Sustainable land management was defined by the UN 1992 Rio Earth Summit as “the use of land resources, including soils, water, animals and plants, for the production of goods to meet changing human needs, while simultaneously ensuring the long-term productive potential of these resources and the maintenance of their environmental functions”. Many practices can be changed and or reversed to minimize soil degradation. This may include simple acts such as leaving vegetation on the soil, which allows nutrients to return to the soil and reduce soil erosion. Action to prevent, reduce and reverse the degradation of the region’s soils has the potential to improve food and water security which then contribute to climate change adaptation and mitigation. Therefore, there is an urgent need to develop practices that improve soil resistance or resilience to disease.
“If you had a handful of soil, you’d have more organisms than people on earth,” says Rob Myers, a soil scientist at the University of Missouri. Soil-dwelling microorganisms are critical components of soil health, itself a determinant of plant productivity and stress tolerance. Because these same microbes can contribute to restoring soil health and productivity, they have a bright future in sustainable agriculture that extends beyond more classically defined plant-microbe symbioses.
For example, some soil microbes (bacteria and fungi) are vital for organic matter decomposition. Likewise, some microbes form a relationship with plant roots and provide essential nutrients like phosphorous and nitrogen and some colonize on upper parts of plants and provide many benefits including resistance to plant disease, drought, and heat tolerance. Therefore, soil microbiomes play a vital role in mitigating diseases and environmental stresses.
Recent advancements in science introduced vital tools to identify species that are key components to soil and plant health, and therefore can be enriched in the soil. We are in dire need of these resilient tiny partners to help build a sustainable agriculture system and to stabilize the food-supply demand chain in areas of rapidly increasing human populations. Despite their size, soil microbes will ultimately help us to maintain our health and well-being. We must use scientific tools to understand, isolate, and foster microbial species into the soil to repair the damage and restore healthy microbial communities that sustain our crops and provide nutritious food.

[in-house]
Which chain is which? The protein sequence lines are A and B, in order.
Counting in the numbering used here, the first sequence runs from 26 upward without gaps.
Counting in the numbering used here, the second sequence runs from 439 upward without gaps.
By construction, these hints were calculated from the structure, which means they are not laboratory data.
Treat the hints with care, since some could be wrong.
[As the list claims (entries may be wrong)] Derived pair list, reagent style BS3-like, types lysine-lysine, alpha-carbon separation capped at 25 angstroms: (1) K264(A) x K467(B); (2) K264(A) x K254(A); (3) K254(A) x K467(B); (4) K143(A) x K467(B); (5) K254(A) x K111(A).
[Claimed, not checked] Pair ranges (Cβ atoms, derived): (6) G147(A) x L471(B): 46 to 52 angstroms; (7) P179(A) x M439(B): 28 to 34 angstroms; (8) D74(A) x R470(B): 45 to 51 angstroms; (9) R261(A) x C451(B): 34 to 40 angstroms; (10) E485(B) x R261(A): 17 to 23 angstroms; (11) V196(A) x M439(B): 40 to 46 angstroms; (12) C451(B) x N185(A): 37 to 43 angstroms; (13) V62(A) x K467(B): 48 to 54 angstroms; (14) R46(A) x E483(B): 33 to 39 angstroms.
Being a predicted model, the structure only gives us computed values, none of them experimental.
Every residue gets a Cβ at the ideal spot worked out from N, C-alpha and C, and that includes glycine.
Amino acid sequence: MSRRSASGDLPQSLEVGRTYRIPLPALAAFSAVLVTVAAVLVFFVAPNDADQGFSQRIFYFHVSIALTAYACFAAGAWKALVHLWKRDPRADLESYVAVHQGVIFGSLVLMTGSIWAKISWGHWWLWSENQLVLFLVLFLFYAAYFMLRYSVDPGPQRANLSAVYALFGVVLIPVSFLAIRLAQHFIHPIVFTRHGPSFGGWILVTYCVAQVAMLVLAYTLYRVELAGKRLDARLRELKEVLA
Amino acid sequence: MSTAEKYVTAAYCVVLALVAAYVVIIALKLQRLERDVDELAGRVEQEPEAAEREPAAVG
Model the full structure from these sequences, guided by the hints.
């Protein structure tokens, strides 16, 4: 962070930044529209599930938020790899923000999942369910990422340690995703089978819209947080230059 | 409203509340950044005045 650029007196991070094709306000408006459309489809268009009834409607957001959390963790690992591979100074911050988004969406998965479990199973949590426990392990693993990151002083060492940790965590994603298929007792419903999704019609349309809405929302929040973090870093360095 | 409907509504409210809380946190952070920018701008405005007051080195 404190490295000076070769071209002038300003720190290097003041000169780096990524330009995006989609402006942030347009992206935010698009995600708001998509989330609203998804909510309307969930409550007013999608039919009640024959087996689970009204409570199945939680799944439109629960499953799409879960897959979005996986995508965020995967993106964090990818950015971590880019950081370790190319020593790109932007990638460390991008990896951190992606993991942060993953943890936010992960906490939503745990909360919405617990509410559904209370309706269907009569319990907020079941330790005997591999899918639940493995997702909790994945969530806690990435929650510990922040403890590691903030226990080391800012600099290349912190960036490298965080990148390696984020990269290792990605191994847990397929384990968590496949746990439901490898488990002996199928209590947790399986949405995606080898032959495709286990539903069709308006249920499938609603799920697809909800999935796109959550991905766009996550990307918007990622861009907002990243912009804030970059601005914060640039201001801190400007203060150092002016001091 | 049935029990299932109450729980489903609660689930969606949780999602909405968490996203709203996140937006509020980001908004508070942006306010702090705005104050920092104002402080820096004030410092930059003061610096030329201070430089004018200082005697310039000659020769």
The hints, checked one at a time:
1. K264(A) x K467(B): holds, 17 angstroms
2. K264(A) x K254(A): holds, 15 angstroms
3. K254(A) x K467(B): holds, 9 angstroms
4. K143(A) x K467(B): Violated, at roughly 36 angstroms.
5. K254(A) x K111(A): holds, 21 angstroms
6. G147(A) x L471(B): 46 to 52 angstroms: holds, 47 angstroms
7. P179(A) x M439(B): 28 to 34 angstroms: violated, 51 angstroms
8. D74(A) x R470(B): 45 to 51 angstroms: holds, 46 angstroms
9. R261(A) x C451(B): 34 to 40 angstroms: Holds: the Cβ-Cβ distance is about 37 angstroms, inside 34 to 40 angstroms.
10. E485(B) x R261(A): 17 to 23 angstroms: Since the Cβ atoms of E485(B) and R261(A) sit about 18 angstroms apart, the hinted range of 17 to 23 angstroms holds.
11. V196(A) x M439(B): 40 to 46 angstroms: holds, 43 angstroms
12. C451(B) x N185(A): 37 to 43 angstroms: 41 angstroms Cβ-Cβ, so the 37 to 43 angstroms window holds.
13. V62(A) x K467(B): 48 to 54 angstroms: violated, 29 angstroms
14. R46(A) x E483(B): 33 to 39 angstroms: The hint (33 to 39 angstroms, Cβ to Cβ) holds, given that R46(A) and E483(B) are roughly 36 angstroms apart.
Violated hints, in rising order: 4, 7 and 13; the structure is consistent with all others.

Microbial supplements as a scaffold for soil healing strategies
Enrichment of beneficial microorganisms in the soil, together with the organic matter they feed upon has the potential to be a key part of the next big revolution in human health. The development of sustainable agriculture and food security relies on restored soil health. A multi-state collaborative research project is underway to explore how different crop management practices across the United States influence soil microbiomes to enhance crop production (https://potatosoilhealth.cfans.umn.edu/about). The aim is to identify and develop physical, chemical, and biological indicators of soil health for sustainable production using potato as a model crop. This will be accomplished by evaluating alternatives such as biological control and or crop rotation selecting to suppress soil-borne disease. These results will aid in developing predictive models which will help to establish strategies to overcome barriers and promote the adoption of alternative practices through effective extension and outreach programs. Through these findings, we believe we can get closer to the vital goal of advancing a broad transition to regenerative agriculture. The outcomes of this project are limited to potato production in the US, but anyone anywhere in the world can use the same strategy to investigate and heal the soil with a beneficial microbiome.